I trained New Mexico law enforcement entities in Crisis Intervention Training using the University of New Mexico ECHO network, which is the UNM telehealth system. It’s been around for at least five years.
At the time, I had a few thoughts about telehealth in New Mexico.
– This is the most useful way to reach frontier area peers without a provider spending four hours driving and then spending only 30 minutes with the peer.
– Using telehealth, if licensures were accepted across state borders, states with an abundance of providers could make up for the shortage of providers in New Mexico.
– There are already person to person platforms like Skype, Hangouts, Messenger, etc., easily adpated to telehealth. ECHO seemed redundant.
And mostly, and for all these reasons…
With as many committees I was on, this subject came up over and over, year after year. And my answer to this question was plain:
It is obstructionists who place bureaucratic idealism ahead of what peers need right now that impedes telehealth.
From all the time I spent frustrated around these tables championing for telehealth, I believe the single most obstructing organization in New Mexico by far is Disability Rights New Mexico. This might sound heretical to some, and if telehealth was their only callous sleight against peers I might agree. But it’s such a disappointing pattern of behavior with DRNM it at least superficially comes across as an agenda.
What holds up important services for peers is an attitude of “We must protect the peers before we help the peers.”
And Disability Rights New Mexico seemingly led the charge for delaying innovative critical services for New Mexico peers. Including telehealth.
In so many meetings where Nancy Koenigsberg from DRNM attended, I lamented that when I was in severe mental health crisis I don’t give the tiniest of rat’s asses about constitutionality, I just wanted help. And the only way peers get help is if the services are there. And when these services are tied up in harmful debate at meetings, there are now peers suffering needlessly.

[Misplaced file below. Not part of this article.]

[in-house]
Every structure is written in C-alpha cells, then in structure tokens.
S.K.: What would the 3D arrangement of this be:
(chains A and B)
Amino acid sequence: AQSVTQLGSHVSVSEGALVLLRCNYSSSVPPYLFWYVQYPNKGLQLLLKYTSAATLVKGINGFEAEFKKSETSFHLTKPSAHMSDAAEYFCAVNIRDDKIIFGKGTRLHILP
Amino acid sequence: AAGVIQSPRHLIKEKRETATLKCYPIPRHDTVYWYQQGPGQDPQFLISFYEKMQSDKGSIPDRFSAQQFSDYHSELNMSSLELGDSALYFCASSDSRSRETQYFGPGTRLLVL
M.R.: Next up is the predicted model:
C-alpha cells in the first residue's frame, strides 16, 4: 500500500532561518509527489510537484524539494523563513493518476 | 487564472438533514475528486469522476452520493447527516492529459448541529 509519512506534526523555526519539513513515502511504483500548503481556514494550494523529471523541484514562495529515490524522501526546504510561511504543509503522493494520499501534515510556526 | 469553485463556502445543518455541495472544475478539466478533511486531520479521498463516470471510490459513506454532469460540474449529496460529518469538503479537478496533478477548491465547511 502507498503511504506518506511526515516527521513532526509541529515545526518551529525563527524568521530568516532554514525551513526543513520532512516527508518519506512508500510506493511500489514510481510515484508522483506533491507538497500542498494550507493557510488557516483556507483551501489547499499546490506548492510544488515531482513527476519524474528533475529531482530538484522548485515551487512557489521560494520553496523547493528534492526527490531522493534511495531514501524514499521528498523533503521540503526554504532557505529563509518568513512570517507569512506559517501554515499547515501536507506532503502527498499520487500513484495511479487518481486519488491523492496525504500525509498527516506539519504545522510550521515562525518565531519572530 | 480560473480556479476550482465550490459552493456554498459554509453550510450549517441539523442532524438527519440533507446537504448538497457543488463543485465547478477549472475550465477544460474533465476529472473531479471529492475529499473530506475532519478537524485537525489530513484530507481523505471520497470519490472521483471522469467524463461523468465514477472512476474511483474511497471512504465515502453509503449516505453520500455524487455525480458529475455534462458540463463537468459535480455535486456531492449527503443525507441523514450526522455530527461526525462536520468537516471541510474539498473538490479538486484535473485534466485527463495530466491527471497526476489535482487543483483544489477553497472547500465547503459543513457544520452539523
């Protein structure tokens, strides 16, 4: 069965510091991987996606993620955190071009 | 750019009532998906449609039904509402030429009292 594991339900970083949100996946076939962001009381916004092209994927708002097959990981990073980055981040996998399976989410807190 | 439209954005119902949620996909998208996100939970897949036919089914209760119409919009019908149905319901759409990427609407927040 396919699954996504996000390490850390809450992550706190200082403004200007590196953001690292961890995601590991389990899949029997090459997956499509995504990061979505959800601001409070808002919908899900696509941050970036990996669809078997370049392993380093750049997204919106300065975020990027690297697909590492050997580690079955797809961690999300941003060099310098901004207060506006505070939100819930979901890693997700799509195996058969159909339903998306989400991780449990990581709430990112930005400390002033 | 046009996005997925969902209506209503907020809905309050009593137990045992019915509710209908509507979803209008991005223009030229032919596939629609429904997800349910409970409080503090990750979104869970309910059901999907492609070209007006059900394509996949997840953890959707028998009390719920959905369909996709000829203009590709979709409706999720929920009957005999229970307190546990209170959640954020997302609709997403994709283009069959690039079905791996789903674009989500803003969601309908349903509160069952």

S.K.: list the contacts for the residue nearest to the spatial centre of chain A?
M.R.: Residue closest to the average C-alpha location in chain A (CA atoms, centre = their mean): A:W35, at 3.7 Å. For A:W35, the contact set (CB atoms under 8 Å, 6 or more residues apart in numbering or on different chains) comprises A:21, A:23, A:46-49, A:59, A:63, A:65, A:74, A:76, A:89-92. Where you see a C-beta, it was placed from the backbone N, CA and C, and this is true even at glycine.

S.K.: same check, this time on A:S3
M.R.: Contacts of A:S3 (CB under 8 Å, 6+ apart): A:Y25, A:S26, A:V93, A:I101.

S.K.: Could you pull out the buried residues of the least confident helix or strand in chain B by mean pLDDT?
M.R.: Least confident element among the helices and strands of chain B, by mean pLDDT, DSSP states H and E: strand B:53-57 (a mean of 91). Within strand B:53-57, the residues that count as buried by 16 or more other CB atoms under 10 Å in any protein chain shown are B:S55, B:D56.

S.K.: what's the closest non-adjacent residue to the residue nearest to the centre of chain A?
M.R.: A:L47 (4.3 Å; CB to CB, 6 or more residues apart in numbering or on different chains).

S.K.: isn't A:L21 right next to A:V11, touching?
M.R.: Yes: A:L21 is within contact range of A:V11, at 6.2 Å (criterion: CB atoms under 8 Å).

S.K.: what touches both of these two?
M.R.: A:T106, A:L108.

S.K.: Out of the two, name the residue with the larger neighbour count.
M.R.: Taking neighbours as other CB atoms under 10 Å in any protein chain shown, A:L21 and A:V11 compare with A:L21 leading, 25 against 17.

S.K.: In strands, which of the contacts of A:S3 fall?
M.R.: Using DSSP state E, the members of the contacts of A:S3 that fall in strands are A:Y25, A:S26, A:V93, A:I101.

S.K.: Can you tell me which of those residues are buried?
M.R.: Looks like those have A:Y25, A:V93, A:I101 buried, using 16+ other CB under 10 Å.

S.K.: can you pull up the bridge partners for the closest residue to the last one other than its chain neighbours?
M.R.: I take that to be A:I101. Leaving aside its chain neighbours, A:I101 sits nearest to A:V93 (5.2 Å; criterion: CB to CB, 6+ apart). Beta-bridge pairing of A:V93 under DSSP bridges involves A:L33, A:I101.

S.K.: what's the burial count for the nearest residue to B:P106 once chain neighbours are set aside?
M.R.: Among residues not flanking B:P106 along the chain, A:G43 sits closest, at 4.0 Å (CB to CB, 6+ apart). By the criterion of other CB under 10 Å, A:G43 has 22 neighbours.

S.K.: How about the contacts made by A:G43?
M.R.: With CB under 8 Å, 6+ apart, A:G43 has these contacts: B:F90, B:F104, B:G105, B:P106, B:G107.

It frustrated me so much I began resigning one committee after another. I’d rather take the easier path of going around a barrier than bashing through it. As a committee member, I was one peer being outvoted. Who needs permission to do the right thing for my friends?
So we’ve got this pandemic, and telehealth sprang into action within a week here in New Mexico, and I have yet to hear one single solitary peer complain about their constitutional rights being violated. Nope. Everyone is so happy they still have providers who care. And providers are so happy to have telehealth obstructionists finally out of the way to do the right thing for the peers they help.
The need for telehealth was immediate. Left to their own, providers and peers did what was needed and it happened in less than a month. My med manager was ready in six days.
Telehealth isn’t going anywhere. And with obstructionists removed from the playing field, peers and providers are using practicality and empiricism to develop the very best telehealth possible for our mental well-being.
My caring belief is the rapid telehealth development in response to immediate pandemic needs is the perfect laissez faire model for peers to directly achieve their true health needs, taking their health into their own hands and not waiting for a committee to tell us what we need. Peers are very aware. So are their providers. Who needs a middleman?
One unforeseen windfall of telehealth is many friends who have difficulty navigating the world now regularly see a provider. In a way, the same can be said for our Stand Up To Stigma zoom groups. Why STS didn’t do this sooner is kind of embarrassing.
Funny story. Since our STS zoom groups started, I occasionally ask peers if they call upon Disability Rights New Mexico for help. The two most considered replies are:
– What do they do?